Diane Moore dedicated more than 3 decades to helping domestic violence victims find new lives
March 13, 2018
STEAMBOAT SPRINGS — The leader of a Steamboat Springs-based nonprofit organization that has served an estimated 8,000 victims of domestic violence has left her position after more than three decades of rewarding work.
"It's been an honor to do the work for the past 34 years, and the most important part of the work I had a part of was experiencing, observing and encouraging the victims, and it truly was a small part of what played out for the victims and their families because it was their courage and strength to find new lives," said Diane Moore, former executive director of Advocates Building Peaceful Communities who left her position early this year.
Moore said the need for domestic violence support services was identified by the Routt County District Attorney's Office in the early 1980s. Routt County was one of a few Colorado counties that did not have support systems in place for victims.
"It was a really a grassroots beginning," Moore said. "Literally, it was grassroots. We would meet on the courthouse lawn and start talking about the organization."
She became the part-time director of the Steamboat Springs-based organization in 1984.
"I wrote the first grant proposal, and we were on our way," Moore said. "Our first office was my kitchen."
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Moore helped start Advocates after working as a social worker.
"I think the emphasis was to do something for the community," Moore said. "I think I stayed at it so long because I was meant to do the work. Because I like working with people."
Advocates today has a staff of eight people and also relies on volunteers.
Simone LaValley started volunteering for the organization seven years ago.
"She has such a generous spirit," LaValley said of Moore. "She's such a kind person, but she's really strong. She really gave me a lot of opportunities to learn, and it's been a great experience volunteering with Advocates."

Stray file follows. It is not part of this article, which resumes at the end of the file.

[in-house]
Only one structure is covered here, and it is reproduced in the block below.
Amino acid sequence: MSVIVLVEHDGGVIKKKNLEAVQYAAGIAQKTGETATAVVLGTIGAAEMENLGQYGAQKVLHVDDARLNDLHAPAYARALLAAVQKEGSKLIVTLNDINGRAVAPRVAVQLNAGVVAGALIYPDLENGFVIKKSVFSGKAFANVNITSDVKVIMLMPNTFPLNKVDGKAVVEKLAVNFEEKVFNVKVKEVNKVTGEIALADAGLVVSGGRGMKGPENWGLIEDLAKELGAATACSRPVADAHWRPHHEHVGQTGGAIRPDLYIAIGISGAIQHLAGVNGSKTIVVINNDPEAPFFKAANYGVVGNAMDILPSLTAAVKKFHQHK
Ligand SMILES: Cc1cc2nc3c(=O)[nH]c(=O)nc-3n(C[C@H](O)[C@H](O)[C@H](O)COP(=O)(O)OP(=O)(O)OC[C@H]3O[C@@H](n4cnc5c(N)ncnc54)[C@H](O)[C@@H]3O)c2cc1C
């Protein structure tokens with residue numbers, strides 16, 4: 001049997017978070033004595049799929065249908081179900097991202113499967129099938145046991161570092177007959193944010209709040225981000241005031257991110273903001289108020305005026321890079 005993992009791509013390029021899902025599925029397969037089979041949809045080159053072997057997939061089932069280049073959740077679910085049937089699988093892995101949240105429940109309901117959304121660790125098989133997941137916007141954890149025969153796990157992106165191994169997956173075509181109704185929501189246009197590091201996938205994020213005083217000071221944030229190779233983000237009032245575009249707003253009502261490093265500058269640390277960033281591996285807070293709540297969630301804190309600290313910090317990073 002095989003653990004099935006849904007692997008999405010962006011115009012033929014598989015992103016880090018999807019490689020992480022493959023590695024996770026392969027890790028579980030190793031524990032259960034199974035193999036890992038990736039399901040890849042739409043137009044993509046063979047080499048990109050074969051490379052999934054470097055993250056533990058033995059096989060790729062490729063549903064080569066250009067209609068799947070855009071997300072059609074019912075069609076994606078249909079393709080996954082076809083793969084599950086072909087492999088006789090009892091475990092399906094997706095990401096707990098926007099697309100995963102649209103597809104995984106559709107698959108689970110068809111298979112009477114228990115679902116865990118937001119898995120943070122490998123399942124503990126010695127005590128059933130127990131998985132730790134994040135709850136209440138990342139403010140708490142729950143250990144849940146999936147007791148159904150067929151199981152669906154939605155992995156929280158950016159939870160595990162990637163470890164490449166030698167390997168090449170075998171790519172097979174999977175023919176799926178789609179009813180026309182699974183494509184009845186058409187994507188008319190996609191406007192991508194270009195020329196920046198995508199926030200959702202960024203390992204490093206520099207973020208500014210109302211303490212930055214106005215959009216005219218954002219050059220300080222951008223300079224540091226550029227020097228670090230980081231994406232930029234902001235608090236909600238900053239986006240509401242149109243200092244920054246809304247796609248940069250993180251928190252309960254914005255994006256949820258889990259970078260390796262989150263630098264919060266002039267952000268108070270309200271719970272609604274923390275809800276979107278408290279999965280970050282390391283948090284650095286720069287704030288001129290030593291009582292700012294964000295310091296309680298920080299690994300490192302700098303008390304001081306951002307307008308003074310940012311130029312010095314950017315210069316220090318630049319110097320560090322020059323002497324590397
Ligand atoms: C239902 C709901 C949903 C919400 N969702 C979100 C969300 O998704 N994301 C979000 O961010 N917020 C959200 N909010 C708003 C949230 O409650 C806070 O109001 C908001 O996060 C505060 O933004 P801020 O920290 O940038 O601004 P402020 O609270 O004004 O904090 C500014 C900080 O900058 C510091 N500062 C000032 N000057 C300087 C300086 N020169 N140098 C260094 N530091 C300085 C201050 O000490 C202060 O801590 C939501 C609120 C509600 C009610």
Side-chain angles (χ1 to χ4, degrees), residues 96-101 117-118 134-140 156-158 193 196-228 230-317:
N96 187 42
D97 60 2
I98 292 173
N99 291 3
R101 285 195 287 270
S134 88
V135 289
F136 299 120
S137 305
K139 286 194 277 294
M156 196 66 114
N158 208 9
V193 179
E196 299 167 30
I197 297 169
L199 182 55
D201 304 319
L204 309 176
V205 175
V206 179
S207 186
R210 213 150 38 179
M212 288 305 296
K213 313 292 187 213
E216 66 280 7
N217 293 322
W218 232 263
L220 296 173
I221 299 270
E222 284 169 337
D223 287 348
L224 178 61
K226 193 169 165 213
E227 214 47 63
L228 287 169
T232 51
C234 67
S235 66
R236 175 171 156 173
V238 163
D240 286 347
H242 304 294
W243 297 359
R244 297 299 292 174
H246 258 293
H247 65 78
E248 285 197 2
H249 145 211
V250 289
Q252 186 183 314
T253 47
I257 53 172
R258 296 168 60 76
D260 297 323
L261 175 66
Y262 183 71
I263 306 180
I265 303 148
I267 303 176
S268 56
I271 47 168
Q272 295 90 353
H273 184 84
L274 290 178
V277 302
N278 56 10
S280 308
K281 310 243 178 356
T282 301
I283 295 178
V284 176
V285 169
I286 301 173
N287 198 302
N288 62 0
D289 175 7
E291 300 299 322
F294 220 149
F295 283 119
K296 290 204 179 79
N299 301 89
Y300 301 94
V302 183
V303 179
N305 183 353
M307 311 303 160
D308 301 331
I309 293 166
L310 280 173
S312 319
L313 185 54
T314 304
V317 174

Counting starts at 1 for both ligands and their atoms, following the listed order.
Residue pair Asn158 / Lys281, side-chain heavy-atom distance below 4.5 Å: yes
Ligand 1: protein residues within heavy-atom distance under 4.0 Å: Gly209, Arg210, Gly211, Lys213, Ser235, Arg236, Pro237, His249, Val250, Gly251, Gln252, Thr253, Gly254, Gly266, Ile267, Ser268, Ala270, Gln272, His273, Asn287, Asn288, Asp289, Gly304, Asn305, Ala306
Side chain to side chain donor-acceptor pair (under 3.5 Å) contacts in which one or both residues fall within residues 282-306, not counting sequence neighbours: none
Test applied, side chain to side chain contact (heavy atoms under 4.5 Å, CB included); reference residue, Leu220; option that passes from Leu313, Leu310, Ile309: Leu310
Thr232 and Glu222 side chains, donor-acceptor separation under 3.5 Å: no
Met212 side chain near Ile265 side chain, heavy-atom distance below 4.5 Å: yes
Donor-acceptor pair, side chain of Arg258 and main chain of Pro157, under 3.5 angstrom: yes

Advocates helps about 300 victims each year. Moore said successes in recent years have included offering services specifically for immigrants and establishing a program that facilitates a safe environment for supervised visitations between family members.
Moore's work earned her the Hazie Werner Award for Excellence in 2010, the Doc Willett Award Healthcare Heritage Award in 2013 and the Colorado Coalition Against Sexual Assault "Change Maker" award in 2014.
Steamboat Springs Police Chief Cory Christensen described Moore as a pathfinder who was ahead of her time. During the early days of Advocates, there were few state laws that protected the victims of domestic violence and made sure they were being taken care of appropriately.
"There is not enough praise from me for how much she had done for this community," Christensen said.
Christensen serves on the board for Advocates but took a leave of absence when his wife, Marnie Christensen, was named the interim executive director.
Advocates is currently advertising to hire a new executive director.
When asked why she left the organization, Moore referred questions to her attorney David Lichtenstein, who specializes in employment law.
"Advocates and Ms. Moore mutually agreed to her leaving effective Feb. 20, and the circumstances are confidential," Lichtenstein said.
In a letter to the editor, current Advocates board president Shannon Ford said the success of the organization would not have been possible without Moore.
"Her dedication to the cause will not be forgotten, and the organization hopes to honor this dedication by carrying on Diane's legacy through Advocates' continued service to victims and survivors of domestic violence and sexual assault," Ford wrote.